Why Is An Effective Business Presentation Like A Motorway (Or A Freeway Or Autobahn)?

Back in the fifties, when the concept of a high speed carriageway was first envisaged, the planners thought, as they were intended to enable people to get from A to B as quickly as possible, that they should make motorways as straight as possible. The presumption was that speed and corners do not go well together.

Building them in straight lines would minimise the distance travelled and would reduce the number of accidents, because people would be able to see a long way in front of them and not have to slow down to negotiate bends in the road. Here in the UK, the section of the M1 as it goes north out of London, is a classic example of this style of design. It goes in a straight-line up hill and down dale for miles.

However, there are problems with this style of road design. Primarily, it is boring. Because you can see for miles ahead, you think you know exactly what is coming, and can easily lose concentration. You start thinking about other things rather than driving, some people may even start to fall asleep.

On a busy Friday evening, coming out of London on the M1, all you can see is mile upon mile of brake lights in front of you. There is little so dispiriting.

Modern highways are designed with very few straight sections, they meander across the countryside, frequently turning from side to side. Despite what you may think, this is not the effect of the influential and politically astute landowners who lobbied against the proposed routes of the new highway.

Over the years, highway designers have learnt that sweeping curves make the road more interesting. The bends mean that drivers need to concentrate more, which keeps them more alert. As an added bonus, if you are stuck in a traffic jam, there is always the optimistic view that it will clear just round the next bend, rather than knowing that it goes on and on for miles. So bends are actually safer than straight roads and the journey seem to pass more quickly.

The same design components apply when creating an effective presentation.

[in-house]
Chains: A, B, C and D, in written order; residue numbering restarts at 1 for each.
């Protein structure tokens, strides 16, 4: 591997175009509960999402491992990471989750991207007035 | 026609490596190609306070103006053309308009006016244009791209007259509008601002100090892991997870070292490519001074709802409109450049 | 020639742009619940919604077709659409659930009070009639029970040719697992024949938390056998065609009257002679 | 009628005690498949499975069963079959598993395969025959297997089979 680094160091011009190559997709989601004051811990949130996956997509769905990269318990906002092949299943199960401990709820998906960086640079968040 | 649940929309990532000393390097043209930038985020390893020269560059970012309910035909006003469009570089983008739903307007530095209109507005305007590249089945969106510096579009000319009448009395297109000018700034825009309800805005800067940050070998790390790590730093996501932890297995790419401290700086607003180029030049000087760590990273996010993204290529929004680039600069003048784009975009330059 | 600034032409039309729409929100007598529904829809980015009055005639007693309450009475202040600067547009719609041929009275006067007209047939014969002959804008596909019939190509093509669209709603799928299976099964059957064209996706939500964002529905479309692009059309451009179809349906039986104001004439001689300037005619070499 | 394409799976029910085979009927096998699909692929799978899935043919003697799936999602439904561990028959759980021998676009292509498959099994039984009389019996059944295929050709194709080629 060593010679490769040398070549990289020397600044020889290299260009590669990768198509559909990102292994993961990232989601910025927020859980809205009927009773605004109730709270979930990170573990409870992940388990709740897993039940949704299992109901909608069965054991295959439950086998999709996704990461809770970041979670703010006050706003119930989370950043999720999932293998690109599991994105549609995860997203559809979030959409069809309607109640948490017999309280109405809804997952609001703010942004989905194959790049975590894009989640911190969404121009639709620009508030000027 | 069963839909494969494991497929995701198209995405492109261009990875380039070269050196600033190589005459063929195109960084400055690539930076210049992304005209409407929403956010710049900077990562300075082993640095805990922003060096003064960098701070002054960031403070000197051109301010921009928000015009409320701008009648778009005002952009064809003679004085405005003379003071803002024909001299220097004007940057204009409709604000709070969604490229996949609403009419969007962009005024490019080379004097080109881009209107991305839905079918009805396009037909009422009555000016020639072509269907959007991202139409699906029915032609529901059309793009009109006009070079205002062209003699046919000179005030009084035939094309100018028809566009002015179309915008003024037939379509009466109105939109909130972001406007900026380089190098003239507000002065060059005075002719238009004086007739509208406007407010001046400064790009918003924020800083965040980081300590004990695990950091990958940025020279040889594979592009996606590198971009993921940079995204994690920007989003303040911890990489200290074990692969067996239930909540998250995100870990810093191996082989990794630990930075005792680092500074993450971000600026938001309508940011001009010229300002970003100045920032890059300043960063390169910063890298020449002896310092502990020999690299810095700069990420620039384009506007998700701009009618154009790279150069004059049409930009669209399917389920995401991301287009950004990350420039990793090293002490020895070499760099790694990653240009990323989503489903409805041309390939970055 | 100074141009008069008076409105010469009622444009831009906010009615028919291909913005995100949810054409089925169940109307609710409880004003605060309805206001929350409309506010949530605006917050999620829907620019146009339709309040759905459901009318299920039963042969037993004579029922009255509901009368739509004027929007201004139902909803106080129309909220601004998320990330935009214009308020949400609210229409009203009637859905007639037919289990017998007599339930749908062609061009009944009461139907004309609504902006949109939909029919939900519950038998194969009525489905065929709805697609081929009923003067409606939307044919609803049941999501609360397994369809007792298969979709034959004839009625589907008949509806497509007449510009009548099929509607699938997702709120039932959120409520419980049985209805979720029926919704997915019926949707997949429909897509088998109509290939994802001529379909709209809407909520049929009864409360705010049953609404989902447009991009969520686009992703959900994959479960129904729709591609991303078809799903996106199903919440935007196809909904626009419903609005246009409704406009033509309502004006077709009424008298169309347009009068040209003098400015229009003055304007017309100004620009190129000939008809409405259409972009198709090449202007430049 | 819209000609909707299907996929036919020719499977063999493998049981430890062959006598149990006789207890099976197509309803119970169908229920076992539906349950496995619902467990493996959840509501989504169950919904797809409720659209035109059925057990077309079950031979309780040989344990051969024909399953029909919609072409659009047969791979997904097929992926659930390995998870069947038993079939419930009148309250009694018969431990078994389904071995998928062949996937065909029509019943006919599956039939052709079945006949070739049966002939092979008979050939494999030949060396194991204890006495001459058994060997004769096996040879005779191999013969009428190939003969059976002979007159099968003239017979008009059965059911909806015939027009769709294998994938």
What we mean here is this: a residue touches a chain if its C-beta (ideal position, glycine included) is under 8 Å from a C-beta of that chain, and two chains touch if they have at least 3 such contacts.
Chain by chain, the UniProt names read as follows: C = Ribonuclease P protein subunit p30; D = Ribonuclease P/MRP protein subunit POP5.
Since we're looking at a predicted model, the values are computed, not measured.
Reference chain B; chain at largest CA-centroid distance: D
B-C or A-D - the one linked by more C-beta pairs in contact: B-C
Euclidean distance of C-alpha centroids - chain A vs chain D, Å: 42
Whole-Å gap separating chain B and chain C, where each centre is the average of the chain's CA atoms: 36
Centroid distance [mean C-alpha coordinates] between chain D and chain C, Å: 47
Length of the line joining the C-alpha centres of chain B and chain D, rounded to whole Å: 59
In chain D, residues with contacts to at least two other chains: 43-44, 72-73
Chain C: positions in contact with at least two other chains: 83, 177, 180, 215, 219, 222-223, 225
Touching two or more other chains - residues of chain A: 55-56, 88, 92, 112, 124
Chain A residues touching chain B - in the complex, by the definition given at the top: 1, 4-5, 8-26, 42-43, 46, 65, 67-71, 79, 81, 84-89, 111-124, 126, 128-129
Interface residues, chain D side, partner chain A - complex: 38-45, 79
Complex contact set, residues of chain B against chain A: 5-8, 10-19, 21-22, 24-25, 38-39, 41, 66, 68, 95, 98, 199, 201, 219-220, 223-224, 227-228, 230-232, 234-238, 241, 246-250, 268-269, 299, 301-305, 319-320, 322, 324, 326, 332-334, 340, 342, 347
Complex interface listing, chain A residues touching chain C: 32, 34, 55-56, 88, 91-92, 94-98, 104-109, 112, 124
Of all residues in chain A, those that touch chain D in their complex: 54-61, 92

Don’t just rush from the start straight to the finish, take people on a journey. Add a few twists and turns, so that your audience discovers new things along the way. Back up your assertions, with a personal story that illustrates the point that you are making. People usually talk with more enthusiasm when they are recounting a personal anecdote, which in turn makes your presentation more interesting to your audience.

So, don’t give people the opportunity to fall asleep in your presentations, take then on a journey of discovery.

Ways to Maximise the Potential of Your Business Presentation

Business presentations are a collateral reflection of who you are. A glimpse of your personality could be seen in the ways and the content of your presentation.

The way you carry yourself, the way you speak, deliver your sentences, tackle tricky questions with confidence and successfully convey your message, speak volumes about your personality.

Still, there are much more ways in which you can support your business presentation to reach its maximum potential.


A positive way to keep your audience attentive to you is to show them that you are worth their time and trust. Rather than speaking about your achievements and future goals, speak about your credibility because if even little points will exist with which the crowd will not feel connected to then the tables will instantly turn.

Talk about your goals within the first few minutes of the presentation

Choose your presentation design which corresponds with your goals, which should be introduced to your audience as early as possible. This will help your audience to correlate what you are expressing with the ‘why’ and ‘what’ you want to achieve.

Never underestimate the impact of a powerful image/quote

A business presentation is usually a collection of fertile ideas, knit together as one to illustrate a larger picture. So, the smart use of different images/quotes to introduce different ideas will supply more power to your presentation. Vocalising the quotes or speaking few important words out loud will bring your presentation to life, especially if the presentation has numerous bar graphs, bullet points, and pie charts.


One of the unbeatable ways to make your presentation more interactive is to begin it with a question which you, yourself will answer. Like you can start with “I asked myself what all can my team will be able to do and contribution for making this project a success?”. So, based on this question you can build up your presentation. Be alert to all the questions from your audience as they are icebergs of curiosity. The more you will suffice your audience, the stronger their trust will grow in you.

Be ready to tackle tough questions

Always be confident and logical at answering the questions from the audience. There will always be questions whose responses if given without solid facts and coherence, will put your image down in your crowd’s eyes. If you know your topic as well as you’re your audience, then always keep your business binary clean and do not ever shelve any question from the audience.


It could be a possibility that your audience is shy or somewhat hesitant to ask you questions about your presentations. Always remember, if you face this kind of a situation, then always compose a question to yourself because ‘zero curiosity’ turns into ‘zero interest’ overnight.

Take your crowd on a final journey

Always take your crowd on a final journey before you wrap up the presentation. Highlight all the important points and tell the crowd how they will be productive if given proper attention by the appropriate crowd.